Bookmark   June 20, 2011 at 2:31PM
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Laminate can be a very nice choice. My mom has a laminate, similar to Rhome's sewing room, in her kitchen. With the darker laminates, you really don't see the seam along the front, as you might with lighter why spend extra money for the rolled edge?

In your situation, I'd pick laminate, in a flash. In fact, I'm thinking about Arborite in a very pretty blue, when I remodel my kitchen :)

    Bookmark   June 20, 2011 at 3:32PM
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I love laminate! I have a mix of materials.

    Bookmark   June 20, 2011 at 11:14PM
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I've been on this forum for 10 years and have seen tons of pictures of great-looking laminate counters. The one thing that's common to almost all of them is that they don't have an integrated backsplash.

Do with that what you will!

    Bookmark   June 21, 2011 at 12:06AM
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We did the ever popular Formica Butterrum in etchings finish with flat deck (no integrated backsplash) and wrap under edge (much more resistant to moisture and delamination issues) with a Cafe Brown Silgranit sink and ORB faucet. I've been very happy with all of it. The butterrum hides dirt and crumbs just enough, the sink is indestructible and hides everything, and the flat deck means we can do a backsplash later if we choose.

    Bookmark   June 21, 2011 at 12:19AM
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My Mom's kitchen was conducive to using a post-form
laminate (one seam and it isn't the full depth of the counter). My mom used the Geneva Edge and no integrated back splash. Hers is Iron Rust in the now discontinued Riverwash finish from Formica. My Mom is a very practical person and there was nothing that other counter top materials offered that she thought was worth paying more for. Aesthetically and practically this wasn't a compromise.

Looks and feels like a cool laminate:

For the sink we used a deckless drop in and mounted the faucet on the counter top using the deck plate:

    Bookmark   June 21, 2011 at 4:20AM
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Mr Craig Cabinfo: that's just about the sweetest love story I've ever read. I sure hope those counters did the trick.

I agree that straight edges are good. I have straight and ogee both and I'm wondering whether the ogee was kinda silly. Edges are to sweep stuff over, not look pretty ;)

    Bookmark   June 21, 2011 at 4:52AM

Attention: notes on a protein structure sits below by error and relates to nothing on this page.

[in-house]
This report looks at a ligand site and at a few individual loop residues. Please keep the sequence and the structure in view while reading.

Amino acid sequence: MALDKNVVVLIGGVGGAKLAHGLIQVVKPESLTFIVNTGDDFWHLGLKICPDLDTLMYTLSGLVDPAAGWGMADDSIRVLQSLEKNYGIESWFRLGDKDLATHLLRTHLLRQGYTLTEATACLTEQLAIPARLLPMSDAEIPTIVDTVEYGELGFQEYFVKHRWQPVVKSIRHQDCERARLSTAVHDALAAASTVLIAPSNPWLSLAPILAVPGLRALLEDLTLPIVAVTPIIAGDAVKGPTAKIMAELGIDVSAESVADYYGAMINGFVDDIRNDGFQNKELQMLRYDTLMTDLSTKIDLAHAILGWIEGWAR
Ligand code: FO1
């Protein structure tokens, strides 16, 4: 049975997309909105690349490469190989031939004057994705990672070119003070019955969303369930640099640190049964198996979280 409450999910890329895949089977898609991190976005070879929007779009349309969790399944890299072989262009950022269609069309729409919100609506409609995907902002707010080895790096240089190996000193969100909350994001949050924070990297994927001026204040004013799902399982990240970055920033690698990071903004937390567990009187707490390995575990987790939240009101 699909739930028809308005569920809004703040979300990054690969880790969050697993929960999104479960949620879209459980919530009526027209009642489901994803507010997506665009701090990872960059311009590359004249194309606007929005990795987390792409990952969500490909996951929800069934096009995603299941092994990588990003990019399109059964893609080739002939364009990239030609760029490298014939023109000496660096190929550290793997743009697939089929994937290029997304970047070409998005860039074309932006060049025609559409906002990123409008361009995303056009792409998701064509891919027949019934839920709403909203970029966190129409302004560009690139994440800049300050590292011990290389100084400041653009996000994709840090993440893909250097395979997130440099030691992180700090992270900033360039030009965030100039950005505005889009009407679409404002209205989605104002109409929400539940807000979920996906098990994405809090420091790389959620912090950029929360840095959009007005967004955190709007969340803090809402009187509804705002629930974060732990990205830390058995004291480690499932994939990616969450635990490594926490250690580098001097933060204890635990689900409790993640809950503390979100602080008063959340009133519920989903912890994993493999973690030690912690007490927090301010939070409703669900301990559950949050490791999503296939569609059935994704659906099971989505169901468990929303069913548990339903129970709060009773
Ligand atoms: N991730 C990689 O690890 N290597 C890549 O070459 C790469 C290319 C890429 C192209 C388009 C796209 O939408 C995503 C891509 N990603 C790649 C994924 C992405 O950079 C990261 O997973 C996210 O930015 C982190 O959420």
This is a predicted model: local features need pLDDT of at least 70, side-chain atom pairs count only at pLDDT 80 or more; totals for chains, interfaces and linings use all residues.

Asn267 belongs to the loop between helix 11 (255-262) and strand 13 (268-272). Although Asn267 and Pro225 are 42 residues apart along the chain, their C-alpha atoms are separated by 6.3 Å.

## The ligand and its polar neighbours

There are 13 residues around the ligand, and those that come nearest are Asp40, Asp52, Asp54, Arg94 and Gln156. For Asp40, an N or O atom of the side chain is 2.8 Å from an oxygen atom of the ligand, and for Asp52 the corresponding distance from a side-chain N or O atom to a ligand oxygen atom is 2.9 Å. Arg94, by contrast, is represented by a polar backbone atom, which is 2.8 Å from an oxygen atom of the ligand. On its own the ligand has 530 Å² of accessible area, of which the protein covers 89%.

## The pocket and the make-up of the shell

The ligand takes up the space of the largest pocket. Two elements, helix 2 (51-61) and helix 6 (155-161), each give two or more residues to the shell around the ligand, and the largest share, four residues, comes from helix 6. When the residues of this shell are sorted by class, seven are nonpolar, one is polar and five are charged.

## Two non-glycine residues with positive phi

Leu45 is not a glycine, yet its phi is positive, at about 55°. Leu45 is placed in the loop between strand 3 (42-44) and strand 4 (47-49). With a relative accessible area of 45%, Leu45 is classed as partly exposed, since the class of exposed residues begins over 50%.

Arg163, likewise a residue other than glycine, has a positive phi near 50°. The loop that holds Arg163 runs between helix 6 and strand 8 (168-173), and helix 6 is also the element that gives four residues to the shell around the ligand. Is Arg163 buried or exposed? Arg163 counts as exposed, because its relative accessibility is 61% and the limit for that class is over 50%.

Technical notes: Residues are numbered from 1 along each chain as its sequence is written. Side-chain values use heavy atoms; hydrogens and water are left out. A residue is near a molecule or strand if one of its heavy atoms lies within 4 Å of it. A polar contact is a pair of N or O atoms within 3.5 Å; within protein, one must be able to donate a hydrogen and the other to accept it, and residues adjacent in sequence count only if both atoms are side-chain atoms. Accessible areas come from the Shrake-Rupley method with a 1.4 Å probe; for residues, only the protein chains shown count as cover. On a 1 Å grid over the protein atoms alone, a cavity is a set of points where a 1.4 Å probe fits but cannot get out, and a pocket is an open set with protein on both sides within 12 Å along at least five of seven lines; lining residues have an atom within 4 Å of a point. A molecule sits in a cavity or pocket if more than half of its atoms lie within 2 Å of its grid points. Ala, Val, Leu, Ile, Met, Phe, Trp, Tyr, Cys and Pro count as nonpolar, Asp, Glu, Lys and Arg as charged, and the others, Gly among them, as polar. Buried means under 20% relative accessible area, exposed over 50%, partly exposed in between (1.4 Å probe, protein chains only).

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p.s., I'm sure you figured this out by now, but I'm pretty sure concrete is really, really basic - pH of 12 or 13? Ouch. Your hands must have been seriously burned; I hope they're alright now.

    Bookmark   June 21, 2011 at 5:04AM
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I do not care for laminate that is trying to look like something else.

But I do like some laminates, especially the linen look ones. I tried to find one like you see in the celebrity beach house below, to no avail. But my old thread may have some useful links

Here is a link that might be useful: my search for laminate

    Bookmark   June 21, 2011 at 7:56AM
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I was all set to get laminate, but I was struggling with the edge since I wanted a straight edge and I would have that line where the other color peeks through. By the time I did the higher quality laminate and the upcharge for the edge, as well as a treatment for the undermount sink, it started getting pricy. I decided to do granite on the perimeter and wood on the raised counter. That made it about $1,000 more than the laminate, and that was going with a fairly pricey (but not exotic) granite.

    Bookmark   June 21, 2011 at 8:14AM
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I would love to see more photos of your laminate countertops. I've decided that is the way to go budget wise. Talked to the cabinet guy about it today and he seemed surprised that I would want the same 4 inch, curved rise onto the backsplash that I already have. He said that is what cheap apartments use. He said it should just stop at the backsplash (which for me is a painted wall) or, they could add four inches up the wall, but of course there would be a seam. He seemed to think the "rolled" look wasn't a good one (tho of course he can do it for a fee.)

So I'm curious what the back of everyone else's laminate looks like? I do see a lot that just end.... dont run up the wall.